Early in my career, frequent field visits were necessary to wind the recorder clock; flush the intakes; replace the paper chart; and keep the pen ink reservoir full. Modern gauging technology is much more reliable so the requirement for frequent field visits is primarily to obtain rating measurements. Station health can be monitored remotely; data are communicated in real-time; and solid state electronics require little maintenance resulting in little need for regularly scheduled field visits.
What is needed now is some way to reduce our reliance on brute force methods for rating curve calibration and validation.
Nathanson et al. (2012) describe a method to model rating curves using Light Detection and Ranging (LiDAR) data. The method is not fundamentally different than simply using a Total Station survey to develop the boundary conditions for a 1D hydrodynamic model. What is novel is doing the survey from a helicopter. A helicopter may be a bit expensive but why couldn’t you use a remotely controlled Paralight that could be backpacked into a remote location for the survey? Or for that matter why not just do the survey from a satellite passing by in orbit? After all, once you have a detailed survey of the channel reach then the calculating discharge for any given stage is merely a function of solving for the laws conserving energy, mass and momentum.
Standard 1D flow models use a bulk roughness coefficient (e.g. the Manning coefficient) – which can vary with stage – meaning that discharge and slope measurements are required over the range of stage in order to estimate the required roughness coefficients. Nathanson et al. used the Kean and Smith (2010) model which can use elemental roughness that can be inferred from the high resolution topography. Therefore a detailed survey at very low stage can, theoretically, provide all of the information needed to calibrate a rating curve over the full range of stage.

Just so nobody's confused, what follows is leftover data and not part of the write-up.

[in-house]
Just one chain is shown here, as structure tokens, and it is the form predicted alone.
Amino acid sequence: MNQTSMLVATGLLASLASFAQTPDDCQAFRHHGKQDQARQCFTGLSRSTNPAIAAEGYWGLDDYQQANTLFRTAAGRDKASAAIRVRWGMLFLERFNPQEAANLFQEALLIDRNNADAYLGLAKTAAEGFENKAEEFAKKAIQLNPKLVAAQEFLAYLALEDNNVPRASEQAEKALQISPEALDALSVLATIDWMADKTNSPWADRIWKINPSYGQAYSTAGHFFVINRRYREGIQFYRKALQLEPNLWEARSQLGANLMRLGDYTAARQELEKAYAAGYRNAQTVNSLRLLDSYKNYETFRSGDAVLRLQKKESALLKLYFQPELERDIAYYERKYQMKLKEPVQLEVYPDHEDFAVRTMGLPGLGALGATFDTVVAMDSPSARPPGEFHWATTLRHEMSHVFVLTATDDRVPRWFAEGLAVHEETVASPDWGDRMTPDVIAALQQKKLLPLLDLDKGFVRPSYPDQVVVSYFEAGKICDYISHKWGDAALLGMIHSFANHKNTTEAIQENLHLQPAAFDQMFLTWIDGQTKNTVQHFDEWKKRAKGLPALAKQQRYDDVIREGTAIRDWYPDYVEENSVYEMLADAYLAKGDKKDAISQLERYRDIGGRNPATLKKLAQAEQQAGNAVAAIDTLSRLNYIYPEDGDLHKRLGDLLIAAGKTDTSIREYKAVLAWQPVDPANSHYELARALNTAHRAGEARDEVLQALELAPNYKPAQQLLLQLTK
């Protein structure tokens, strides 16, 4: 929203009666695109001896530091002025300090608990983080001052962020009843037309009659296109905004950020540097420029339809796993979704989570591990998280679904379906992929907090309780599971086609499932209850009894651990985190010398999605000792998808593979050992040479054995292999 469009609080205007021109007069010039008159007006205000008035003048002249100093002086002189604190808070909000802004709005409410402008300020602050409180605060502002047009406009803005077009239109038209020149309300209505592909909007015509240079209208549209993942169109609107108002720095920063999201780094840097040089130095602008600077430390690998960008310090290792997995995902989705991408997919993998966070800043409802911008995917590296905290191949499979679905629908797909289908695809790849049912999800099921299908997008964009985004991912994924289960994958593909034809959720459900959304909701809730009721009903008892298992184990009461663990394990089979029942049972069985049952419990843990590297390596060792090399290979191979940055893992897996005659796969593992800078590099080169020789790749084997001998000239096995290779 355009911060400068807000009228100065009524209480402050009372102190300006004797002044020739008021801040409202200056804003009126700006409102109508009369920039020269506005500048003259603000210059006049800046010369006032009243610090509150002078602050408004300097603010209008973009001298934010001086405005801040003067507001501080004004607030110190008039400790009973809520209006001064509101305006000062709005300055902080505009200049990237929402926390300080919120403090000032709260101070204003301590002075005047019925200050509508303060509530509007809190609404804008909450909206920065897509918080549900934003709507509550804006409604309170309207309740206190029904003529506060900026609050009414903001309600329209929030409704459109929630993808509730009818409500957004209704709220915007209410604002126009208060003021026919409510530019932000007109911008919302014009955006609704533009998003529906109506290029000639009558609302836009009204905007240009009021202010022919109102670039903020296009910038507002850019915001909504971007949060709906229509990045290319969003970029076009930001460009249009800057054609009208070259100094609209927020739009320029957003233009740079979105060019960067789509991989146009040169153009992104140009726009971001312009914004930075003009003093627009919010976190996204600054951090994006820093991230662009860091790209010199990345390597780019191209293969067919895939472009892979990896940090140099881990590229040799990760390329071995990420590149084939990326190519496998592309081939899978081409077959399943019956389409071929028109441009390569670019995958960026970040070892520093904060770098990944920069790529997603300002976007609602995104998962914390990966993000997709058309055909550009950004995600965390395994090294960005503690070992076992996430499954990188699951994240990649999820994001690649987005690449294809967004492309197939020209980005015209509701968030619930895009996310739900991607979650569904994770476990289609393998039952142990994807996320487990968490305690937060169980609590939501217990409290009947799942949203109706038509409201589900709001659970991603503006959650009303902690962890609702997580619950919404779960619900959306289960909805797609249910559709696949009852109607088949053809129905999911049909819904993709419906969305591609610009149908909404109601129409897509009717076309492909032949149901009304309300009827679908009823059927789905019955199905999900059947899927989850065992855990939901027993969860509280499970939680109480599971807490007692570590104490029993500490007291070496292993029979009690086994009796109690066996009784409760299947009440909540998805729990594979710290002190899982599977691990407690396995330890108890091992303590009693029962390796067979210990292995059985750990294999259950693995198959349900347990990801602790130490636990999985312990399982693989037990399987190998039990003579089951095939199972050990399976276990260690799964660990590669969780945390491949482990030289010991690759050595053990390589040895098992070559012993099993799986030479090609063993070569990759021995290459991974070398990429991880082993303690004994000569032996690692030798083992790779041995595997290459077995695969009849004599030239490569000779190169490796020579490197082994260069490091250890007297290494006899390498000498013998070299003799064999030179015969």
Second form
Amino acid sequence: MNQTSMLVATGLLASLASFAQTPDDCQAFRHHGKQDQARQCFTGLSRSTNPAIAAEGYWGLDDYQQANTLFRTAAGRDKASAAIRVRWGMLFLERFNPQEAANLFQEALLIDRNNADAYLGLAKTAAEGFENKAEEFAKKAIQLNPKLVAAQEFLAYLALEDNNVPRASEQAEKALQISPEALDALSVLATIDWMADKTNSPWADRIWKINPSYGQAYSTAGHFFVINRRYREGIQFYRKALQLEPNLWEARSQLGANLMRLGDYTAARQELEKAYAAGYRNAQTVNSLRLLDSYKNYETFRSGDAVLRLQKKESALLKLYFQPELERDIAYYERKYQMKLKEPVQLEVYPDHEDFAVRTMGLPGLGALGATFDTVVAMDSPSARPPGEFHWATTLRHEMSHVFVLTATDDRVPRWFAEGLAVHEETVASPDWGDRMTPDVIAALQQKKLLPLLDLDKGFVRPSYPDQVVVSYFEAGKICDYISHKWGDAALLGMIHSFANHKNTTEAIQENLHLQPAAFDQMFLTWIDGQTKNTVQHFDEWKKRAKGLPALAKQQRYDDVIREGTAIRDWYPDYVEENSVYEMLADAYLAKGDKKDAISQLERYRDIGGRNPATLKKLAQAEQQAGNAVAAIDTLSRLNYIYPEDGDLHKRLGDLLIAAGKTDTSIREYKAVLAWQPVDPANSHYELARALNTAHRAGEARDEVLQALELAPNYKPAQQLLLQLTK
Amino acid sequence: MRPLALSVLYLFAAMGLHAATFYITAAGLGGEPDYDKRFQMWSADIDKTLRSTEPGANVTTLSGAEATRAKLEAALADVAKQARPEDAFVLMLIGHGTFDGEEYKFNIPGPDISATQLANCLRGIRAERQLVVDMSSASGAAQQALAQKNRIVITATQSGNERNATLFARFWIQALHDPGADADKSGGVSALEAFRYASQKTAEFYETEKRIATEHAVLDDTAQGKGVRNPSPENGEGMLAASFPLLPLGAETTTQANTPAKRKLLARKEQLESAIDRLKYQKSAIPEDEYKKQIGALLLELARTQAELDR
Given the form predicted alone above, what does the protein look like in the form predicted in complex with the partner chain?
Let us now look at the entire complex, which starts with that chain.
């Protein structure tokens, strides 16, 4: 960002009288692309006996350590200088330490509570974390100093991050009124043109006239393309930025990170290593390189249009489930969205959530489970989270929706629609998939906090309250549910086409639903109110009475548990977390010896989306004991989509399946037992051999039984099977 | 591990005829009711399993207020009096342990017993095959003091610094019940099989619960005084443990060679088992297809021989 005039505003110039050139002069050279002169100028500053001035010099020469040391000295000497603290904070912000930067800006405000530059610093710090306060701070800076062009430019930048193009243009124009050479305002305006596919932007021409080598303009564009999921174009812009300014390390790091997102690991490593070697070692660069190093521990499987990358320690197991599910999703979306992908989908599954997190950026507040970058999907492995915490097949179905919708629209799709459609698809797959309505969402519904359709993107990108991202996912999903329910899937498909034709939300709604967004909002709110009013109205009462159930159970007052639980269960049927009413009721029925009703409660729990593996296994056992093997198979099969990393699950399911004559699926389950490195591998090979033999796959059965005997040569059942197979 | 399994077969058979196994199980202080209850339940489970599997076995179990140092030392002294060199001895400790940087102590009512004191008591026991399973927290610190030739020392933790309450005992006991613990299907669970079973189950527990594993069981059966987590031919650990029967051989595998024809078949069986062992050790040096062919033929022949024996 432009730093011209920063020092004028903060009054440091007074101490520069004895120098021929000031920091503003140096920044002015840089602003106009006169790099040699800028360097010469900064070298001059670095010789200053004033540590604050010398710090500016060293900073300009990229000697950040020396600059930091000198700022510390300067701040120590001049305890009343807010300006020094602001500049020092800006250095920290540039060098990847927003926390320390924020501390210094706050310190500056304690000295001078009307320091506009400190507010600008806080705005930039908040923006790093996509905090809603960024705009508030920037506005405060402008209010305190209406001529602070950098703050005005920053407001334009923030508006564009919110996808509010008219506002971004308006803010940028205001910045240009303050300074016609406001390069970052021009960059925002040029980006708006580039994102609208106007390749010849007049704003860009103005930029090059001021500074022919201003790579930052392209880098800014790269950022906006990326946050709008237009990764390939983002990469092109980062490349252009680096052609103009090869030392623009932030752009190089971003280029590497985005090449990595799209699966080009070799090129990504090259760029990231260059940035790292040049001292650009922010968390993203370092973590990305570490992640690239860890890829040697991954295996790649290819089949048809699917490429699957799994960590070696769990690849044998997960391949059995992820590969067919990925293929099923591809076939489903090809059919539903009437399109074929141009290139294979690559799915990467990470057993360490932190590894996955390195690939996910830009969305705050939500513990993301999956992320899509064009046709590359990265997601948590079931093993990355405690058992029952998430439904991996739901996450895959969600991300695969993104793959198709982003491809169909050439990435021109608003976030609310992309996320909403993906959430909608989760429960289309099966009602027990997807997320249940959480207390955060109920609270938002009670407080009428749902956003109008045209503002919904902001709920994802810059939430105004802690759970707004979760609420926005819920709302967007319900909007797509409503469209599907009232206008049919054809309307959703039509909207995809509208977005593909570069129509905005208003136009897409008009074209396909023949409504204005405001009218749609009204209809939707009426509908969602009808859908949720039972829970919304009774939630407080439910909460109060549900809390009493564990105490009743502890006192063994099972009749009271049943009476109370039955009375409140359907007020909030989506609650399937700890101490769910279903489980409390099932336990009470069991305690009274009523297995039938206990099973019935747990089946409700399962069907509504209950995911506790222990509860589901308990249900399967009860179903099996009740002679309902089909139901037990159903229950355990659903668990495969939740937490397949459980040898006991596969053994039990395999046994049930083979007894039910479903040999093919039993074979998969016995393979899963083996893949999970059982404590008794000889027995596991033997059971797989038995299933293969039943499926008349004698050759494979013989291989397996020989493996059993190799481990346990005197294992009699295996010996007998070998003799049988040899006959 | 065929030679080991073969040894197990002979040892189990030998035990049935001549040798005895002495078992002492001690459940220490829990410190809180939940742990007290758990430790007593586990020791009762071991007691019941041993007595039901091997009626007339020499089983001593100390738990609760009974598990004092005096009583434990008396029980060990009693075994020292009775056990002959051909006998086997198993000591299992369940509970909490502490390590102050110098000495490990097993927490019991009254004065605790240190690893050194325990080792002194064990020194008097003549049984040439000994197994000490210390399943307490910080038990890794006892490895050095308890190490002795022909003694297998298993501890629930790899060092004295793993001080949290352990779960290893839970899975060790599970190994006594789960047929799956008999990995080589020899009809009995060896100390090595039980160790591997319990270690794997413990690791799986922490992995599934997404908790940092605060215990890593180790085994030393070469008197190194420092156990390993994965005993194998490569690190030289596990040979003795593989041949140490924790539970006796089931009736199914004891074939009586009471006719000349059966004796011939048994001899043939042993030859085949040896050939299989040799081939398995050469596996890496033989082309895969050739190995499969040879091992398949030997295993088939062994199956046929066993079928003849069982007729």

In principle, there is no reason I can think of why the method wouldn’t work with data from a space-based platform given sufficient resolution of the data.
I don’t think that current meters and ADCPs are going to be committed to the museum just yet. There are a number of practical issues. The data handling and modeling effort is specialized and intensive resulting in a chicken or egg problem. Software could be developed to make this method more accessible but investment in user friendly software probably won’t happen until there is market demand. There will need to be some guidance developed in how to calibrate the bed roughness heights from measurements of the bed surface for different type of bed material. The model requirements are somewhat limiting (a reach 10 times longer than width, gravel bed roughness elements that are small with respect to depth, rigid bank or floodplain vegetation and width to depth ratios of 10 or greater). Validation and updating (e.g. for shift corrections) such models will be problematic at many locations.
Bathymetric LiDAR (which uses both Near Infra- Red and Green light to provide both terrestrial topography and bathymetry) may be useful to monitor channel control conditions and determine whether validation measurements are required. Techniques for object-based classification of LiDAR data can provide water surface elevation.
Such technologies deployed from low cost remote controlled aircraft may pave the way for space-based observation systems in the future.
Hydrographers who are just starting their careers now will, perhaps, one day be able to reminisce on the days when they had to make frequent field trips to obtain rating measurements. I can only hope that they will be assigned their own rocket ships to service their gauges on a spacewalk mission. That would be about the only thing that would compensate for the loss of any excuse to jump in the truck head out in the field.
Nathanson M., J.W. Kean, T.J. Grabs, J. Seibert, H. Laudon and S.W. Lyon. 2012. Modelling rating curves using remotely sensed LiDAR data. Hydrol. Process., 26: 1427–1434. DOI: 10.1002/hyp.9225
Kean, J.W. and J.D. Smith. 2010. Calculation of stage-discharge relations for gravel bedded channels. Journal of Geophysical Research – Earth Surface. 115:1-15. DOI: 10.1029/2009jf001398